Chesapeake Energy Corp. announced Tuesday a joint venture in the Haynesville Shale natural gas field that will make the Oklahoma City-company more than $3 billion. Houston-based Plains Exploration & Production Co. will pay Chesapeake $1.65 billion for a 20 percent interest in Chesapeake's leases within the field, which covers parts of north Louisiana and east Texas. Additionally, Plains agreed to pay half of Chesapeake's drilling and completion costs on Haynesville wells for the next several years — an amount up to another $1.65 billion, officials said Tuesday. It's a deal that validates Chesapeake's holdings in the field, which its chief executive has said was perhaps the most significant natural gas find the company has ever made. James C. Flores, Plains' chairman, president and chief executive, said Tuesday on Chesapeake owns the core of the field, while his company has the money to invest. "We believe that Chesapeake's unrivaled experience in drilling and completing shale wells throughout the U.S., its large rig fleet and aggressive Haynesville Shale development program will provide Plains with attractive operational costs,” he said. Flores estimated those costs would be about $1.83 per thousand cubic feet of natural gas.
"(Chesapeake) is one shrewd, aggressive
company that creates
Jake Dollarhide, Longbow Asset Management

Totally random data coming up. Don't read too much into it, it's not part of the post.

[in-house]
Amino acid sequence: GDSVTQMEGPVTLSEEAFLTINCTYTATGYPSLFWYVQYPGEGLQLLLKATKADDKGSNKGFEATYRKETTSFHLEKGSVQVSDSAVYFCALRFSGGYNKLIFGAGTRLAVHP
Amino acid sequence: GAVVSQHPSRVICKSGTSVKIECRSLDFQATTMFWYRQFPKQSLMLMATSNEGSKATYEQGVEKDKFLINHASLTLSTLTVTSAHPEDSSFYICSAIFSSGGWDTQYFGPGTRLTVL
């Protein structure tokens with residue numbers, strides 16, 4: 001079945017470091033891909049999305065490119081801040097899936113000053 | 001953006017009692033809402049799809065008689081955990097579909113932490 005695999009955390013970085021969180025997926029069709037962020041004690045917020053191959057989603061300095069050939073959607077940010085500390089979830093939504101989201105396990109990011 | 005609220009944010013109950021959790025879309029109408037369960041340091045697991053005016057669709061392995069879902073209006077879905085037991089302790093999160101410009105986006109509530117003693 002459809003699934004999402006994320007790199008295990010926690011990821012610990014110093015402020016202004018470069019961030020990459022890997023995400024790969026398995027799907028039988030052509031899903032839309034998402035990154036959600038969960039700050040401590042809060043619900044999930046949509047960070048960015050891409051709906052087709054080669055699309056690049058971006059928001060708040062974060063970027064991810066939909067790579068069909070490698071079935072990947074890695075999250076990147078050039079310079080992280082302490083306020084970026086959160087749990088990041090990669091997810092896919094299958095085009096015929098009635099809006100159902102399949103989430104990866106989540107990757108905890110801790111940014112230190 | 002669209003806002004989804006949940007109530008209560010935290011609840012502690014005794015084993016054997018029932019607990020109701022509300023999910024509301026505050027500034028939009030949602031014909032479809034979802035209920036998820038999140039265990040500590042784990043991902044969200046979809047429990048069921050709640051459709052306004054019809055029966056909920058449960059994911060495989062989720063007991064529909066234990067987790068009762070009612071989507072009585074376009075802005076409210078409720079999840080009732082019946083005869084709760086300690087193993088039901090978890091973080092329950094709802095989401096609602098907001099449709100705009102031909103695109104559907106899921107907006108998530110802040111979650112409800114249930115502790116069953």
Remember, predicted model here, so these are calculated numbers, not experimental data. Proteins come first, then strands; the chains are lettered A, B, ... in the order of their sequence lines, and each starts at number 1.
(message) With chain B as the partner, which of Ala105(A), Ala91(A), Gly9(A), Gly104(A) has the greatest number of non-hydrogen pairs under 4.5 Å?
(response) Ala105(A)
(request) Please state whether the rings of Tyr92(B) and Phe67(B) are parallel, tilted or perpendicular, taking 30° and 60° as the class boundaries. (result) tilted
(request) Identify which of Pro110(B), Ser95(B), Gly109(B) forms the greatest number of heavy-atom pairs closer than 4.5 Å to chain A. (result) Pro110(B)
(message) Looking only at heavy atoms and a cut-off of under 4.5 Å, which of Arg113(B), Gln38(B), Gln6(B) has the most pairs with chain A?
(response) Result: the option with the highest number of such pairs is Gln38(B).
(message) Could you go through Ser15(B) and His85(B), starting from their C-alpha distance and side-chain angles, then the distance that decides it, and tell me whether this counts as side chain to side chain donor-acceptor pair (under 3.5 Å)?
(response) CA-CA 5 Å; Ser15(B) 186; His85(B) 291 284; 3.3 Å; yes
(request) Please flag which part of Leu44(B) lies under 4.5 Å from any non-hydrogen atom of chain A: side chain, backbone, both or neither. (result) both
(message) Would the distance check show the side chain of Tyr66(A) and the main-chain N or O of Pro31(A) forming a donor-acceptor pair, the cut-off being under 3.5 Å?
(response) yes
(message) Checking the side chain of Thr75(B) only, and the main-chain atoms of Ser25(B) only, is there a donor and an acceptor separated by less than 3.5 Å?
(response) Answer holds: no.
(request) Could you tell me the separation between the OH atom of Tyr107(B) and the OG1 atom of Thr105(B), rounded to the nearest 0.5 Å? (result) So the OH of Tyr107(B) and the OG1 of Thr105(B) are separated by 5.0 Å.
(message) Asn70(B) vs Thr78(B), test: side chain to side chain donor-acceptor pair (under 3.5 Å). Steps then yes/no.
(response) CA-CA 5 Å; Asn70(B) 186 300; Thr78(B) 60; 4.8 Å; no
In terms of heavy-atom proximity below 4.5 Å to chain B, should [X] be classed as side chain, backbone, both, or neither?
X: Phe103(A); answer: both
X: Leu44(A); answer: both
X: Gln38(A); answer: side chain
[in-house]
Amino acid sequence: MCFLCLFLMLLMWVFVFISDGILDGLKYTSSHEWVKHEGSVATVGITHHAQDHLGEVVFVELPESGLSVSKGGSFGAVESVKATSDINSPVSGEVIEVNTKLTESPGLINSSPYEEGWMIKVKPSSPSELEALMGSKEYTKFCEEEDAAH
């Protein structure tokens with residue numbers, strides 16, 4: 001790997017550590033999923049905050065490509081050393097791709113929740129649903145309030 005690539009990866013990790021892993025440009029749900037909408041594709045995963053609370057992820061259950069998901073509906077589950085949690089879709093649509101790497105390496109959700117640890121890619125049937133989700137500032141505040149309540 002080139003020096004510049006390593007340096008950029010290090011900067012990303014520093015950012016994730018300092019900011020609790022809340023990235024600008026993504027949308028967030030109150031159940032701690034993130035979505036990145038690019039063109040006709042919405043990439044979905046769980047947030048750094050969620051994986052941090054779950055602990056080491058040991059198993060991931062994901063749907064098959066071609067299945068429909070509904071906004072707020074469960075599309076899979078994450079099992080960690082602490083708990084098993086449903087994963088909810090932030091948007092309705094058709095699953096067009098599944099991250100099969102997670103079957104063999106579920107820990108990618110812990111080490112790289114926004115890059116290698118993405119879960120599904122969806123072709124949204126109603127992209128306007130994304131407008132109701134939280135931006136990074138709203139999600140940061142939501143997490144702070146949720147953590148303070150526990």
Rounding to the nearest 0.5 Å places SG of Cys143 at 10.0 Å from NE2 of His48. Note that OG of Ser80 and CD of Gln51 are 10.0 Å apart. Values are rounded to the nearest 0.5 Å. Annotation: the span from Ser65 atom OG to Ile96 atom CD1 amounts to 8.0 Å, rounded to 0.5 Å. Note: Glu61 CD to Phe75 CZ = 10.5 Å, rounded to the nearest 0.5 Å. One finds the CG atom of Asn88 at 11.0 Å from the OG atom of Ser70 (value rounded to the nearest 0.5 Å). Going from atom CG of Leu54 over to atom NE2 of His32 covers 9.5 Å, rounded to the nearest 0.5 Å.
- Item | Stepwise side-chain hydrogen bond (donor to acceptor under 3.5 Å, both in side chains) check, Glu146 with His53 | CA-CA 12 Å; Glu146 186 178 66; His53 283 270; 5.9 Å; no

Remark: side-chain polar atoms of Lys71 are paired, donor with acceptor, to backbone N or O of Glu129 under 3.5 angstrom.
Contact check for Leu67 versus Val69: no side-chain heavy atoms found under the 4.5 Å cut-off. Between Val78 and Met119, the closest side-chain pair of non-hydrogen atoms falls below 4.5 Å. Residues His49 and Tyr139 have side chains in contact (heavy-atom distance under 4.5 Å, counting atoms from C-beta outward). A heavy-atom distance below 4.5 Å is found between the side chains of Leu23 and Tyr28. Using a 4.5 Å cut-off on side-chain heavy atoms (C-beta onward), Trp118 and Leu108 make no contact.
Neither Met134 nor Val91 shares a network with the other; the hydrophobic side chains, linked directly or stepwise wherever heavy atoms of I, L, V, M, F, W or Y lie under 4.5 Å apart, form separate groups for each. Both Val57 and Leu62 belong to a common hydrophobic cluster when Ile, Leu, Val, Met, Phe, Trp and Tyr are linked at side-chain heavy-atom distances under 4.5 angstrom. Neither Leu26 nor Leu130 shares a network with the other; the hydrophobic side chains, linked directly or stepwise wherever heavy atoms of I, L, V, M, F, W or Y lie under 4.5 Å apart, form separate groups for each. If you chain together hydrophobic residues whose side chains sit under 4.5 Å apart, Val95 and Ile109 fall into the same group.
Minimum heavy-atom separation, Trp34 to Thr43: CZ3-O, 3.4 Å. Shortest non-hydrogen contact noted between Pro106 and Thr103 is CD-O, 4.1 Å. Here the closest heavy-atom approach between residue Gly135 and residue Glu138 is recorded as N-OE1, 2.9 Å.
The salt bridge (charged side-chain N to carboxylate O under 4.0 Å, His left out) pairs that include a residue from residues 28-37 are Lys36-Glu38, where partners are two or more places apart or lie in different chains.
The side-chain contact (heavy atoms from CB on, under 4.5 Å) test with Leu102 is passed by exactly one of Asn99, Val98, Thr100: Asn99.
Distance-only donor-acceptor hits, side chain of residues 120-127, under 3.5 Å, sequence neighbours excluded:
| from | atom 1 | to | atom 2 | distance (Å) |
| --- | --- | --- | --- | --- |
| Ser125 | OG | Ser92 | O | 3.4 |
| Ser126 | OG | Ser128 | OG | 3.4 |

Why McClendon agreed to itAubrey McClendon, Chesapeake's chief executive, said Tuesday the deal creates substantial value for both companies, adding it also establishes a $16.5 billion value for its Haynesville Shale leases. "The $1.65 billion in cash we are receiving from Plains and the additional $1.65 billion commitment will help fund a substantial portion of Chesapeake's leasehold, and our drilling and completion costs over the next few years.” McClendon said finding costs for his company should be less than $1 per thousand cubic feet of natural gas. He said Chesapeake held about 550,000 net acres within the field at the end of June. The company, which intends to continue acquiring leases that Plains also will own part of, said it chose the Houston-based company as a partner in this joint venture because the two companies have a long relationship. Jake Dollarhide, founder of Longbow Asset Management in Tulsa, said Tuesday's announcement is in line with Chesapeake's aggressive strategy. "This is one shrewd, aggressive company that creates opportunities,” Dollarhide said. "Sometimes, when you are open-minded, good things can come, especially in very bullish markets such as this. "Plains recognizes the potential of this particular region, and obviously, they are very motivated to be a part of it. It seems a very favorable outcome for Chesapeake, only giving up 20 percent interest for half the costs,” he said.